It’s not like they were born efficient. They have learned these ways. I haven’t heard of any efficiency courses where all these tricks are taught, nor a manual that summarizes them, so they must have learned them along the way. What prompted them to learn efficiencies? Because, when they were doing something tedious or long, they thought “there has got to be an easier way.”
Some things I can’t bear to do manually:
- Coding a manuscript
- Copying art insert lines from a manuscript into a separate art manuscript
- Navigating a menu three layers deep for a repeated task
- Tracking time for invoices
- Sending email to a whole list of subscribers
- Accepting or rejecting every individual tracked change
- Typing out my own long name and email address on every form and file, with inevitable typos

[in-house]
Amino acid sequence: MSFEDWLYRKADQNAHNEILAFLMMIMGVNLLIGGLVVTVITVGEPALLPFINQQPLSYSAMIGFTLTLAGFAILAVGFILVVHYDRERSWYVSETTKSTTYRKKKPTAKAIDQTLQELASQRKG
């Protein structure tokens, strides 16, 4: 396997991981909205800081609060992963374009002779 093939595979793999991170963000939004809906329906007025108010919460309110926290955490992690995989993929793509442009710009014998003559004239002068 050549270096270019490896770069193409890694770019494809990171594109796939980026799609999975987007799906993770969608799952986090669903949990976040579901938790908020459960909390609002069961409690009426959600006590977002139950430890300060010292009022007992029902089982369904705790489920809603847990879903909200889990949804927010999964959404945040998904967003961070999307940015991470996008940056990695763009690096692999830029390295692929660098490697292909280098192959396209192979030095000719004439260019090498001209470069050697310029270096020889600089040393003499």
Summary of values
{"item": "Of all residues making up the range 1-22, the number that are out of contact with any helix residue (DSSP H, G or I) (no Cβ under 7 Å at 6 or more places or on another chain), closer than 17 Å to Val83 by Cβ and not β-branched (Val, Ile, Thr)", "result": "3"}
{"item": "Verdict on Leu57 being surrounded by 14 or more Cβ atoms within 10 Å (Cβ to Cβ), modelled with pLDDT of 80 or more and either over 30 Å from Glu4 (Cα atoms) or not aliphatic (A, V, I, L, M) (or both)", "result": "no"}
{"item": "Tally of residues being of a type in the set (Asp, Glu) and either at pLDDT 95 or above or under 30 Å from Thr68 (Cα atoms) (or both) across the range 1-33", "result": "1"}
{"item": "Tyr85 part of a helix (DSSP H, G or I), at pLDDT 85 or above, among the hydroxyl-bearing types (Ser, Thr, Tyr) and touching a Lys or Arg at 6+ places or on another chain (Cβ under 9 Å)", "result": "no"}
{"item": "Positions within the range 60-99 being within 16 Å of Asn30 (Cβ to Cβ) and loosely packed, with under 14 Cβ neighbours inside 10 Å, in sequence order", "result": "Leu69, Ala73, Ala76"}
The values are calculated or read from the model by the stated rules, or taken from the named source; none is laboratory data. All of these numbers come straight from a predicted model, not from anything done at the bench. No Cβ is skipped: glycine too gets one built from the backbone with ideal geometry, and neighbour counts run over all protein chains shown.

- Coming up with individualized quotes on every new editing assignment
- Calculating what a certain market will pay for editing
- Formatting references
There has got to be an easier way
These are all things that can eat up acres of my day, if I keep brute-forcing them, slowly, manually, laboriously. Some of them are so laborious that I don’t even want to brute-force them a single time.
I can’t imagine that all efficient people are lazy, but this is the root of it for me. Why should I be working so hard? There has got to be a better way. I will spend an hour figuring out how to never have to spend 10 minutes on a task again. This has led me to
- macros, widgets, apps, and plug-ins,
- custom dictionaries,
- text expanders,
- MailChimp, Google Survey, and Google Analytics,
- PDF markup, and
- every other tech trick in this How To column.
So, next time you are agonizing over a tedious job, remember: there has got to be an easier way.
Ask your network how to make the task easier. Google for a solution. And if you don’t find one, either make your own or remember to ask again in a few months. I did, and I’ll share my latest greatest efficiency tip in the Aug–Sept 2017 Copyediting Newsletter. Spoiler: it’s a dead-simple, automated way to track changes in PowerPoint files.